Maybe you’ve heard the term and maybe you’ve never been curious before. But, with “over-the-top” streaming services like Netflix getting more popular, it’s something you might want to get familiar with.
Net neutrality is the idea that an internet service provider must provide all data to you at the same speed and with the same quality no matter what it is or where it comes from. It sounds pretty straightforward, but the more you dig into it, the more confusing it gets.
Let’s say you get your internet from Verizon, your conventional TV from DIRECTV and you use a streaming box (also called an over-the-top box) to watch Hulu and Netflix. You’re a blogger, so you connect to several servers every day to download and upload large chunks of data. You run a small web server in your home for friends and family to store and view pictures. All of that is perfectly legal. There are just a few problems…
Verizon competes with DIRECTV for TV service but DIRECTV relies on your internet bandwidth for on-demand. Netflix and Hulu are competitors too, and on an average night, up to 33% of Verizon’s bandwidth can be used up by Netflix. Connecting to remote servers and storing photos aren’t against the law, but it’s hard to tell the difference between that and illegal file sharing.
What’s the solution? Verizon says, the solution is that when it sees traffic going to Netflix’s servers or DIRECTV’s servers, it’s going to intentionally slow it down. They’re going to watch you and if they see any illegal file sharing or even just see you using more than, say, 300GB/month of data, they’re going to slow you way down. Verizon has the right to do that today.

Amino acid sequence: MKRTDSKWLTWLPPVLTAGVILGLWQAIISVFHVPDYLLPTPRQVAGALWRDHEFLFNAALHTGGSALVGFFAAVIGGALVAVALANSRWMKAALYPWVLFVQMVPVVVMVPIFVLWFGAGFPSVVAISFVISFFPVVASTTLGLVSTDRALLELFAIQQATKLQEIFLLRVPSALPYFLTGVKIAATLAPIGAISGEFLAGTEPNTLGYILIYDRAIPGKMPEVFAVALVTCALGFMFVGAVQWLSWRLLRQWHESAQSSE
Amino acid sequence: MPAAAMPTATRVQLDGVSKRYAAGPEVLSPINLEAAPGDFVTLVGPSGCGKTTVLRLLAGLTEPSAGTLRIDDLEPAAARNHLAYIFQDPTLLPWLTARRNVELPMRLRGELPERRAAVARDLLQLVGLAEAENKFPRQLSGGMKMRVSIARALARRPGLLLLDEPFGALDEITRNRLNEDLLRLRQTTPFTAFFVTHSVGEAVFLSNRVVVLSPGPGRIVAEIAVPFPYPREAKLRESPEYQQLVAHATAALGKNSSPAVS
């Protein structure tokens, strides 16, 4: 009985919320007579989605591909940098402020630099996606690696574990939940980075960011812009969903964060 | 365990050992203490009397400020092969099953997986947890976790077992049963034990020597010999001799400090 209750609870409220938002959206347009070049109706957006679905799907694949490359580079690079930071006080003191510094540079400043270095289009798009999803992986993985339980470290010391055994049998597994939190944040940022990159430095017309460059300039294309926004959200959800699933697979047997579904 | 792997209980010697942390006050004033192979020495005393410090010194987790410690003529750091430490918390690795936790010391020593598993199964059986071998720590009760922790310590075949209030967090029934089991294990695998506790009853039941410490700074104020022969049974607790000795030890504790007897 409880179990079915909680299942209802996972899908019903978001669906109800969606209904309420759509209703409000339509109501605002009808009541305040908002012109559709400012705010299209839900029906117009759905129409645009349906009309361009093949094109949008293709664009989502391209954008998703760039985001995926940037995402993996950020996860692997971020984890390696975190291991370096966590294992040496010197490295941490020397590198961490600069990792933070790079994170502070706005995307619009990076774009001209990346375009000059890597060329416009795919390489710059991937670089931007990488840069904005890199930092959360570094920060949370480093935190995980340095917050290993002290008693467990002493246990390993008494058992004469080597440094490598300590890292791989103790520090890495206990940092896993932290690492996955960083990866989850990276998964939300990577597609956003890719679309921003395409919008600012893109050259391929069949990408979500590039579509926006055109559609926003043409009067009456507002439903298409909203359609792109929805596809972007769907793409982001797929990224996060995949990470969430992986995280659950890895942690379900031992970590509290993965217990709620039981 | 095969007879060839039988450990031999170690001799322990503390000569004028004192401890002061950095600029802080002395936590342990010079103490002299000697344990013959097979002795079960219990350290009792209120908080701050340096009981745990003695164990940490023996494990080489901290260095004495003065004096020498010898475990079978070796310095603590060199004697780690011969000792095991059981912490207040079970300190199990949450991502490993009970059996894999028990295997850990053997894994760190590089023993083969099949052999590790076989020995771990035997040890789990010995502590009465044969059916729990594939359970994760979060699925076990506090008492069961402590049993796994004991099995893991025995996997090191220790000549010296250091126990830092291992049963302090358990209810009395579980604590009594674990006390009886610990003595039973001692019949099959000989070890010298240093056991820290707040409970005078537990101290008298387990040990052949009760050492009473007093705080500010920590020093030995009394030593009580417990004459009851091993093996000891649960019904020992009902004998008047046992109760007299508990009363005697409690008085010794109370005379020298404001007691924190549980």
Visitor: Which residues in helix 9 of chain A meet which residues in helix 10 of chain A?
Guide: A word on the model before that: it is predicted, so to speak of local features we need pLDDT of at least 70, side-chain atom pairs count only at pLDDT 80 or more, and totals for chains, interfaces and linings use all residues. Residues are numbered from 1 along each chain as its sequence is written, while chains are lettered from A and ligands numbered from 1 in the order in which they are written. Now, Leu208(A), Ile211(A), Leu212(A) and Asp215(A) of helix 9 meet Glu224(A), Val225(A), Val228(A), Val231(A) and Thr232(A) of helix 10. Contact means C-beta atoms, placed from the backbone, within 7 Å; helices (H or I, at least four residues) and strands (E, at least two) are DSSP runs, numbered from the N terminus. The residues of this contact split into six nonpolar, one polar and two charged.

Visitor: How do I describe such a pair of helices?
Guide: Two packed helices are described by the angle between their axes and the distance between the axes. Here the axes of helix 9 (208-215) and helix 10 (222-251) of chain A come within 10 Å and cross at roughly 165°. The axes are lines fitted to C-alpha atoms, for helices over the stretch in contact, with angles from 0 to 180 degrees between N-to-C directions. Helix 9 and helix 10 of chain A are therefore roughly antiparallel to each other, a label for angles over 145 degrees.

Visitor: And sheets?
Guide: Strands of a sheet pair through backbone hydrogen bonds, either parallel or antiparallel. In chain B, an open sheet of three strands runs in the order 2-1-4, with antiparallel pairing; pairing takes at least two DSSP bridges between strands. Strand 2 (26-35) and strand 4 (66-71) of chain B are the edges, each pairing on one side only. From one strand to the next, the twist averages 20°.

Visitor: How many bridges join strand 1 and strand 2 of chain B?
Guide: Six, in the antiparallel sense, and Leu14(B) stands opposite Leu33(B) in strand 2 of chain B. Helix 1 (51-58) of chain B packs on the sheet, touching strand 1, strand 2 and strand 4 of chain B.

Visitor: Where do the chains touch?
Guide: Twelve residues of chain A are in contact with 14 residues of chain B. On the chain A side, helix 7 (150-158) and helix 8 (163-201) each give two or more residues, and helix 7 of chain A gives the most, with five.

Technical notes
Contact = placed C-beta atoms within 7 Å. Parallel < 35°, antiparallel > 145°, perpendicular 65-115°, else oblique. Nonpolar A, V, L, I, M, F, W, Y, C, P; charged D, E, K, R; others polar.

Everyone agrees that Verizon has the right to manage its bandwidth. They can choose to charge you more, or slow you down based on your usage, and the government actually encourages them to try to find illegal file sharing sites that use Verizon wires. Where it gets hairy is the part where Verizon wants to strangle your bandwidth down just because you’re using one of their competitors.
Plenty of high-profile folks, including Sir Tim Berners-Lee, believe that the internet should be free and “neutral,” that it shouldn’t be legal to try to cut out the competition by cutting out your ability to connect to them. That way lies madness, they say, and they point to the possibility that your service provider could one day block any site they wanted to completely.
On the other side of the fence are some prominent businesses as well as taxpayer groups affiliated with the Ayn Rand foundation, who believe that government intervention, even government intervention designed to keep the playing field level, is wrong and they think that if Verizon owns the wires they can do whatever they want.
What do you think? If net neutrality became the law, every service provider would lose a measure of control over its bandwidth, but if all net neutrality went away, then service providers could censor you without you knowing it. Which is worse?